This Psalm was probably used at thanksgiving services, not like our national holiday, of course, but as an expression of worship, thanking God for redemption.   We gather together today to give thanks to God for his unfailing love and his wonderful deeds among us.

 

            We come together as members of the body of Christ but as different people with different reasons for giving thanks.  We come with our own stories to tell of how God has delivered us in our personal distress.   These are our testimonies to God’s goodness and everlasting love.  We also come with the common gospel of deliverance found in the person of Jesus Christ.  We come thankful for life and all the things associated with it. 

 

            We come because God calls us. "Let the redeemed of the Lord say this ‑ thanks to God, for he is good."  We come because God has acted in some significant way in our lives and we feel compelled to express thanks.  “Give thanks to the Lord, for his steadfast love endures forever.”

 

            Our thanksgiving becomes our confessional statement of reliance upon God.  Giving thanks is our acknowledgment that we are committed to God, because we depend on God for our very life.  Thanksgiving thus is our living sacrifice of self (Rom. 12:1).  We give ourselves over to God by giving God thanks.  The stories we share of thanksgiving are our testimony of God’s great works shared in the singing of hymns, prayers, and the reading and hearing of God's word.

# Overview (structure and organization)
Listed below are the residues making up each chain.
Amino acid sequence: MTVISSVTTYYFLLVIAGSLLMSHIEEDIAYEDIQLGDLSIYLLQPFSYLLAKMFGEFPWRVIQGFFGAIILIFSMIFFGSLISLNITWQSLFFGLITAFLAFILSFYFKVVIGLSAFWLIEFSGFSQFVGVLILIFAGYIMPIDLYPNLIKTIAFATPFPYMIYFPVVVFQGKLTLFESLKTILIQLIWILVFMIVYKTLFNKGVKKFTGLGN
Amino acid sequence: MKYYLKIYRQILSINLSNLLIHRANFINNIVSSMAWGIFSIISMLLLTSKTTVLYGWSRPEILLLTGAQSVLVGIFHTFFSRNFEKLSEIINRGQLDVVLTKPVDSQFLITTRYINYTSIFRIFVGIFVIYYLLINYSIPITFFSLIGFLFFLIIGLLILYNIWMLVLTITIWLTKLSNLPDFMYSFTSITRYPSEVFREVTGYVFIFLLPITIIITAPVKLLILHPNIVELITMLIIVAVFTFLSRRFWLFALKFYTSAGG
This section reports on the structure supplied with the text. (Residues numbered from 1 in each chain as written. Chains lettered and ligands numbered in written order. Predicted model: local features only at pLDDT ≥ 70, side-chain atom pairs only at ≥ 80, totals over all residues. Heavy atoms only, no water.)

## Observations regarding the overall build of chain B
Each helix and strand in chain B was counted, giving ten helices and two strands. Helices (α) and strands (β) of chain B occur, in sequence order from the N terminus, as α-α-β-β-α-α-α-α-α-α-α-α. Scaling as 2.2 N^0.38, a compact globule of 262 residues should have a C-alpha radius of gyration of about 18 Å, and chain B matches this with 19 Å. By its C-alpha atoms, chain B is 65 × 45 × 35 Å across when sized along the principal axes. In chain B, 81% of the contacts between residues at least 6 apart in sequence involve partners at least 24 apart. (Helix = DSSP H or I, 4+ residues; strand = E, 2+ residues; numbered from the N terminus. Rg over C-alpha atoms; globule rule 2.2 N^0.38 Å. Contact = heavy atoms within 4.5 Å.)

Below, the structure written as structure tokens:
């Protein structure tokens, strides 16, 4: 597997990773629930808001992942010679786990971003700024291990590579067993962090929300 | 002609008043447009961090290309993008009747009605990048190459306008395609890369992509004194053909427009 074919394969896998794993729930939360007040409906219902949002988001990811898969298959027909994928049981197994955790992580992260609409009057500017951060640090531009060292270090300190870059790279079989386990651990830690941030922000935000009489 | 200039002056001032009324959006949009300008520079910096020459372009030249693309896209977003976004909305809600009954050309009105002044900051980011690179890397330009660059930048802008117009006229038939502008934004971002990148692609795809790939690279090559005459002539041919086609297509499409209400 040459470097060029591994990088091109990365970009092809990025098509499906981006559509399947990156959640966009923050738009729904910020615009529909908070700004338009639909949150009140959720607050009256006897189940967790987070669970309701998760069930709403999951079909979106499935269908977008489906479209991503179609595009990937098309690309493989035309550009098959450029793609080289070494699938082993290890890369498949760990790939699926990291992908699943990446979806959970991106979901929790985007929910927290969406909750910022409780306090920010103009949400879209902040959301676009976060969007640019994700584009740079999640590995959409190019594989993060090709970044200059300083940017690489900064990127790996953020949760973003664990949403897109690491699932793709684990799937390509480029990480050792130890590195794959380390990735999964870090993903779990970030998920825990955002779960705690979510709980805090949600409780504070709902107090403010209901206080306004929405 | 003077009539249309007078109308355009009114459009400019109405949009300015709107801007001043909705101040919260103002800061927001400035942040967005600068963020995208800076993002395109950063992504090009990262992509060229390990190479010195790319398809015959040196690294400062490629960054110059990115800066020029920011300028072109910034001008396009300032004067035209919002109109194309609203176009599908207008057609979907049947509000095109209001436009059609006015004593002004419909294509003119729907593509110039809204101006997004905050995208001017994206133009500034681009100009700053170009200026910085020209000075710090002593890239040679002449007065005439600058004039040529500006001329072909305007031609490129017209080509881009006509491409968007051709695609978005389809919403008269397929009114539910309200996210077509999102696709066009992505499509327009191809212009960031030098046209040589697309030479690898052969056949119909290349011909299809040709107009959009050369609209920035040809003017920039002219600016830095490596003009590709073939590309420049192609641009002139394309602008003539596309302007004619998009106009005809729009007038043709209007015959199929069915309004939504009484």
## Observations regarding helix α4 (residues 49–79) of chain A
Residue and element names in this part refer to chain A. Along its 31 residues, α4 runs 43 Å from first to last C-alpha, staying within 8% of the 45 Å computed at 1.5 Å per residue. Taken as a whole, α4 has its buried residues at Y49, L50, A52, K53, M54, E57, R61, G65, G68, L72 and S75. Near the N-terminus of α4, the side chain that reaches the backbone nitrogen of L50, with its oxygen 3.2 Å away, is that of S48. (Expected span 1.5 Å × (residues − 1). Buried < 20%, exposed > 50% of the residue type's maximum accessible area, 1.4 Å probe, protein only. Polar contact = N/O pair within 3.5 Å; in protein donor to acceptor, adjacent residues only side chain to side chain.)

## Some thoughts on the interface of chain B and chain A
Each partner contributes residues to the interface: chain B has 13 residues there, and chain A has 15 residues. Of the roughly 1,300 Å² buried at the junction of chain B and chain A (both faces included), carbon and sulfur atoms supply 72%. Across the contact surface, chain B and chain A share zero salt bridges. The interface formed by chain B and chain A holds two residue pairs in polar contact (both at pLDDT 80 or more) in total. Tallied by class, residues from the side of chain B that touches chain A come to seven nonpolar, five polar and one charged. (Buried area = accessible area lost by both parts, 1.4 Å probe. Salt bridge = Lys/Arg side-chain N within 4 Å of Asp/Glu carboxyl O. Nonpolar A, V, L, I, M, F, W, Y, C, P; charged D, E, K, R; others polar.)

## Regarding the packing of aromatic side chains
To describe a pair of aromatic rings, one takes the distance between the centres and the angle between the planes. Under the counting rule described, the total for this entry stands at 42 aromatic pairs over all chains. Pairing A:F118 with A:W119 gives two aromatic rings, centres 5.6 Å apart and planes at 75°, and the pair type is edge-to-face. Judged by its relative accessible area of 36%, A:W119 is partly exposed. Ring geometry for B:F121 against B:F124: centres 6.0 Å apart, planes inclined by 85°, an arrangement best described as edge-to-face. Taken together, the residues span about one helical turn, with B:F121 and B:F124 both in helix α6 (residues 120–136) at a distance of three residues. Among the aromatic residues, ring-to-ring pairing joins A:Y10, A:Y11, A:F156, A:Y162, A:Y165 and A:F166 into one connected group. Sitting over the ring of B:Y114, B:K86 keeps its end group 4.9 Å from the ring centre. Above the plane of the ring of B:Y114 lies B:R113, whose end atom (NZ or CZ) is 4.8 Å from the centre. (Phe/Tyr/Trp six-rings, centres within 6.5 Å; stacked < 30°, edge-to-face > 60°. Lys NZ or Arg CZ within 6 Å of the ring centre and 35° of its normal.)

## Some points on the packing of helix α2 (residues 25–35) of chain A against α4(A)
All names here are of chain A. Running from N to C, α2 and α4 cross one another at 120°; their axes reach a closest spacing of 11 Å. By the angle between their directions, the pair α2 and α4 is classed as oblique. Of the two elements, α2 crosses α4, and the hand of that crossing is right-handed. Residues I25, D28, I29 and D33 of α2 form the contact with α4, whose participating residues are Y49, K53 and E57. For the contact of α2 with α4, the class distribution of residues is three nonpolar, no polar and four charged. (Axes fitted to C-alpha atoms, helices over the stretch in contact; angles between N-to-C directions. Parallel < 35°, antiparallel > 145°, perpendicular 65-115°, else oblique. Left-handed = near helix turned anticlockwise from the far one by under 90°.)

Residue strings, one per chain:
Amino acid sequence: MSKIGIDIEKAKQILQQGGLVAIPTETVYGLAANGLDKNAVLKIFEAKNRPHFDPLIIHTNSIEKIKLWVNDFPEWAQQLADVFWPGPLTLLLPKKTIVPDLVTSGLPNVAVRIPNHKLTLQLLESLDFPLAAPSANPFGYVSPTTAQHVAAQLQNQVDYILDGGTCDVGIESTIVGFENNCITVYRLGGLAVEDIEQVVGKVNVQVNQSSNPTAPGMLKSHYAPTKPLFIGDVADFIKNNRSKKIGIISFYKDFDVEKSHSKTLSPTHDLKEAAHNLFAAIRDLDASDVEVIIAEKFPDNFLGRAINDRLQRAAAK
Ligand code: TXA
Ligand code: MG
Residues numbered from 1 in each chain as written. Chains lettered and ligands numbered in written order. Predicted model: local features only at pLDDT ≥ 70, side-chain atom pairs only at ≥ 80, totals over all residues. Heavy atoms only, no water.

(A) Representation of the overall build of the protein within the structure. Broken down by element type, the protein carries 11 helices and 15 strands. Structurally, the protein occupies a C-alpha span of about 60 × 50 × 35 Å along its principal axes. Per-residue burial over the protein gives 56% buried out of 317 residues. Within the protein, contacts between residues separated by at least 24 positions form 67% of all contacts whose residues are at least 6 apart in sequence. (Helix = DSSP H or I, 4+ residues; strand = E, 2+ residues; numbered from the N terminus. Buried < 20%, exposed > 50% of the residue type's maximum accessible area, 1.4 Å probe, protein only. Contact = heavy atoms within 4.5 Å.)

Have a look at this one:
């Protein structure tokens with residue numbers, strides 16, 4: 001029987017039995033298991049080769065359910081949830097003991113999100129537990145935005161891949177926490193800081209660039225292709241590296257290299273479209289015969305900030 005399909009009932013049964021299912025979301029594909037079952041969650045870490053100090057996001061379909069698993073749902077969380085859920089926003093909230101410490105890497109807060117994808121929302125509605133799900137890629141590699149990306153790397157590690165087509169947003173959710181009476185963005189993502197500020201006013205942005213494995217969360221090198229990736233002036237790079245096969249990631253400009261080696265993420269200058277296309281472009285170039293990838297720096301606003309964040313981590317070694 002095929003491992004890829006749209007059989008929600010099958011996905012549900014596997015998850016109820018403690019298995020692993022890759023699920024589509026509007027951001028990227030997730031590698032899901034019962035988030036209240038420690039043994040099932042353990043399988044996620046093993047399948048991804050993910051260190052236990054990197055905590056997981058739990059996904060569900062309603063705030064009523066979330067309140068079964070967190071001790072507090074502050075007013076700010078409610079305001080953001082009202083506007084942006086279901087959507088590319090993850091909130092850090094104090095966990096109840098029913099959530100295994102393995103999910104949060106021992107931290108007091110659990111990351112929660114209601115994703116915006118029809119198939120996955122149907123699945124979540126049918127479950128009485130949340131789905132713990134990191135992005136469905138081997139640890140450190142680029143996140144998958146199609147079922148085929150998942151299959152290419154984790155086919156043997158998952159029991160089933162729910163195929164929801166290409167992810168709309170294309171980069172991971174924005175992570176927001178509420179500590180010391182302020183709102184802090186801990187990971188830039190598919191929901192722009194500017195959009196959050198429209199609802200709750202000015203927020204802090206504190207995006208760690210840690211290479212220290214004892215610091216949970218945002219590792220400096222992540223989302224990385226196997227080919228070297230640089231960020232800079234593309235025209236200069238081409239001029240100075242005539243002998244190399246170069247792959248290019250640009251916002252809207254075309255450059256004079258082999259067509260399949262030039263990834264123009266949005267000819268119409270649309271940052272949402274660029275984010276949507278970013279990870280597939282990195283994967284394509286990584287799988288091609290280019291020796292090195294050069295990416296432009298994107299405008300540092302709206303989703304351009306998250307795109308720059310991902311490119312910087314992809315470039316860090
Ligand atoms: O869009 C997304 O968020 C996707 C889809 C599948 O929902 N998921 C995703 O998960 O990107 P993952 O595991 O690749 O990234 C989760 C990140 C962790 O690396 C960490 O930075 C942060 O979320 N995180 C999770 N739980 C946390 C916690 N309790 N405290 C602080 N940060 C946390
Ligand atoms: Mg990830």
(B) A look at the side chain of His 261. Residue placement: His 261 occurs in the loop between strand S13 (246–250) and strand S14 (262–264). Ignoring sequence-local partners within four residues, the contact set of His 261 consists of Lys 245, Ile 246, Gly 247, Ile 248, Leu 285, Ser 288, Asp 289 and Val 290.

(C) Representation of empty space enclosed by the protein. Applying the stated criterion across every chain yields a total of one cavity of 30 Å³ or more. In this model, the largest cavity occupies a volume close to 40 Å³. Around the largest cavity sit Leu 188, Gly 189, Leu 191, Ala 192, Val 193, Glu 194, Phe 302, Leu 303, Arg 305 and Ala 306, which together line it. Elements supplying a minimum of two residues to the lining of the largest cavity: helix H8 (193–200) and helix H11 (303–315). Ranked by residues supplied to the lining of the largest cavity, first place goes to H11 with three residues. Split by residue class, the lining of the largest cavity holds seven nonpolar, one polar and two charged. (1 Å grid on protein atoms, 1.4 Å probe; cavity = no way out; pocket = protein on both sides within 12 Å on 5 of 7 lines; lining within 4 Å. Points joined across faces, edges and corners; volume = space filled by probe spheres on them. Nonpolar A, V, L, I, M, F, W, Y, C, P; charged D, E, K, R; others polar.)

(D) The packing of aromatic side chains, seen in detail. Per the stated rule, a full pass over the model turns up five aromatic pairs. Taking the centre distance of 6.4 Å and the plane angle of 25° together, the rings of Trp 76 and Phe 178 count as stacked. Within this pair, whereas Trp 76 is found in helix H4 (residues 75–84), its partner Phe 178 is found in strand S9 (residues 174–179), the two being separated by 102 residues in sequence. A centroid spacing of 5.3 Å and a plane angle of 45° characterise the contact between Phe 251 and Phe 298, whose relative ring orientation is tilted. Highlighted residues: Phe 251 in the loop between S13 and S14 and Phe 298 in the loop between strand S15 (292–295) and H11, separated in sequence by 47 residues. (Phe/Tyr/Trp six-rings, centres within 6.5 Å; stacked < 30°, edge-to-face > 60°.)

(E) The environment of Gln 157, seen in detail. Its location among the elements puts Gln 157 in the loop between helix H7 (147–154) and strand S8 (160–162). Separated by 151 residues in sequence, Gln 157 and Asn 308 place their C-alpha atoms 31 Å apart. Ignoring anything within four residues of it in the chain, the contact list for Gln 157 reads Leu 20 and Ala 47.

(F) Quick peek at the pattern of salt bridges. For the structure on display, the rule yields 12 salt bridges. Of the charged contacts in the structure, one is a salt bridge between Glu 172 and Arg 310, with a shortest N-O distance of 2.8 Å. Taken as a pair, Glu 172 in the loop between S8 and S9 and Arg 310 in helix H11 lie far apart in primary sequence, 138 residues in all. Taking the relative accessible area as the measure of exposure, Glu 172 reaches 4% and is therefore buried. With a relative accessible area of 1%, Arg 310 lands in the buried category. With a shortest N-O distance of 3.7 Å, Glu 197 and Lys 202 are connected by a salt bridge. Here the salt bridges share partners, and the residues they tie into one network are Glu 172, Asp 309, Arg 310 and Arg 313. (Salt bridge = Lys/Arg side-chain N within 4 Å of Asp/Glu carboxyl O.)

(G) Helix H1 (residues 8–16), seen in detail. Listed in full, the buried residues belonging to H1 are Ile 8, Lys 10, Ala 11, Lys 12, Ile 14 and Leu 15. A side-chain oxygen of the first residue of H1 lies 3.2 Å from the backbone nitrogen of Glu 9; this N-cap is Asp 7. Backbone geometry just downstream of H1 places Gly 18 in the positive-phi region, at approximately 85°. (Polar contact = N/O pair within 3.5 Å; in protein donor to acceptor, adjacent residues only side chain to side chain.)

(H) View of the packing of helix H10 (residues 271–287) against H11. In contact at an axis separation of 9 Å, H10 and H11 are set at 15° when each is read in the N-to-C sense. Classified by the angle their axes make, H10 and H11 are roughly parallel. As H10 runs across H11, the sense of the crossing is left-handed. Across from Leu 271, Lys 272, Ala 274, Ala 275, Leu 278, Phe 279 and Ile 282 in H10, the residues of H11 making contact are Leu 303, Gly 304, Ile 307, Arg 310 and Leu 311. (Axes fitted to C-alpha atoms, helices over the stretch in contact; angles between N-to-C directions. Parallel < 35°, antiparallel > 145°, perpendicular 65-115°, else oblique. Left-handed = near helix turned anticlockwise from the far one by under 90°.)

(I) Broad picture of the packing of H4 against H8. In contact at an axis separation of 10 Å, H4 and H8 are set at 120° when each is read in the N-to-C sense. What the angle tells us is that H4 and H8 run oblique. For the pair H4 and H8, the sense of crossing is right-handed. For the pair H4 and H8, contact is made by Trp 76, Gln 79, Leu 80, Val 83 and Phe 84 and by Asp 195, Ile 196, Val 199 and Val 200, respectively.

As the Psalmist gathered these stories so we could compose our own Psalm of thanksgiving.

 

Some were blinded by their sin.  They stumbled in the dark unable to find their way to God.  Then they cried to the Lord in their trouble, and God delivered them from their distress.  He gave his only Son that they might know eternal life, that they may know the salvation of God.  Let them thank the Lord for his steadfast love, for his wonderful works to humankind.

 

Some became trapped in their addiction.  They saw no hope for themselves for they were powerless to overcome their addictions.  Then they cried to the Lord in their trouble, and God delivered them from their distress.  For he set them free from destructive patterns and gave them strength to overcome the evil one.  Let them thank the Lord for his steadfast love, for his wonderful works to humankind.

 

Some were led astray by their anger.  They snapped at the ones they loved and lived in pain throughout their days.  Then they cried to the Lord in their trouble, and God delivered them from their distress.  He turned their anger into rejoicing.  Let them thank the Lord for his steadfast love, for his wonderful works to humankind.

 

Some walked, mostly ran, through their lives so busy that they never gave God a second thought.  They were dead people walking!  They lived out of an empty shell and knew nothing but sorrow and despair.  Then they cried to the Lord in their trouble, and God delivered them from their distress.  For God gave them purpose and meaning, for they realized they belonged to God.  Let them thank the Lord for his steadfast love, for his wonderful works to humankind.

 

You could write your own stanza reflecting how God has changed or is changing your life.  What is your Psalm of thanksgiving?  We all have a testimony of God’s goodness and love; therefore, we all have cause to give thanks to God. 

 

Let us pray.

 

We have given thanks and we will continue to give thanks, O God, because your love and your goodness and your redemption endure forever.   Amen.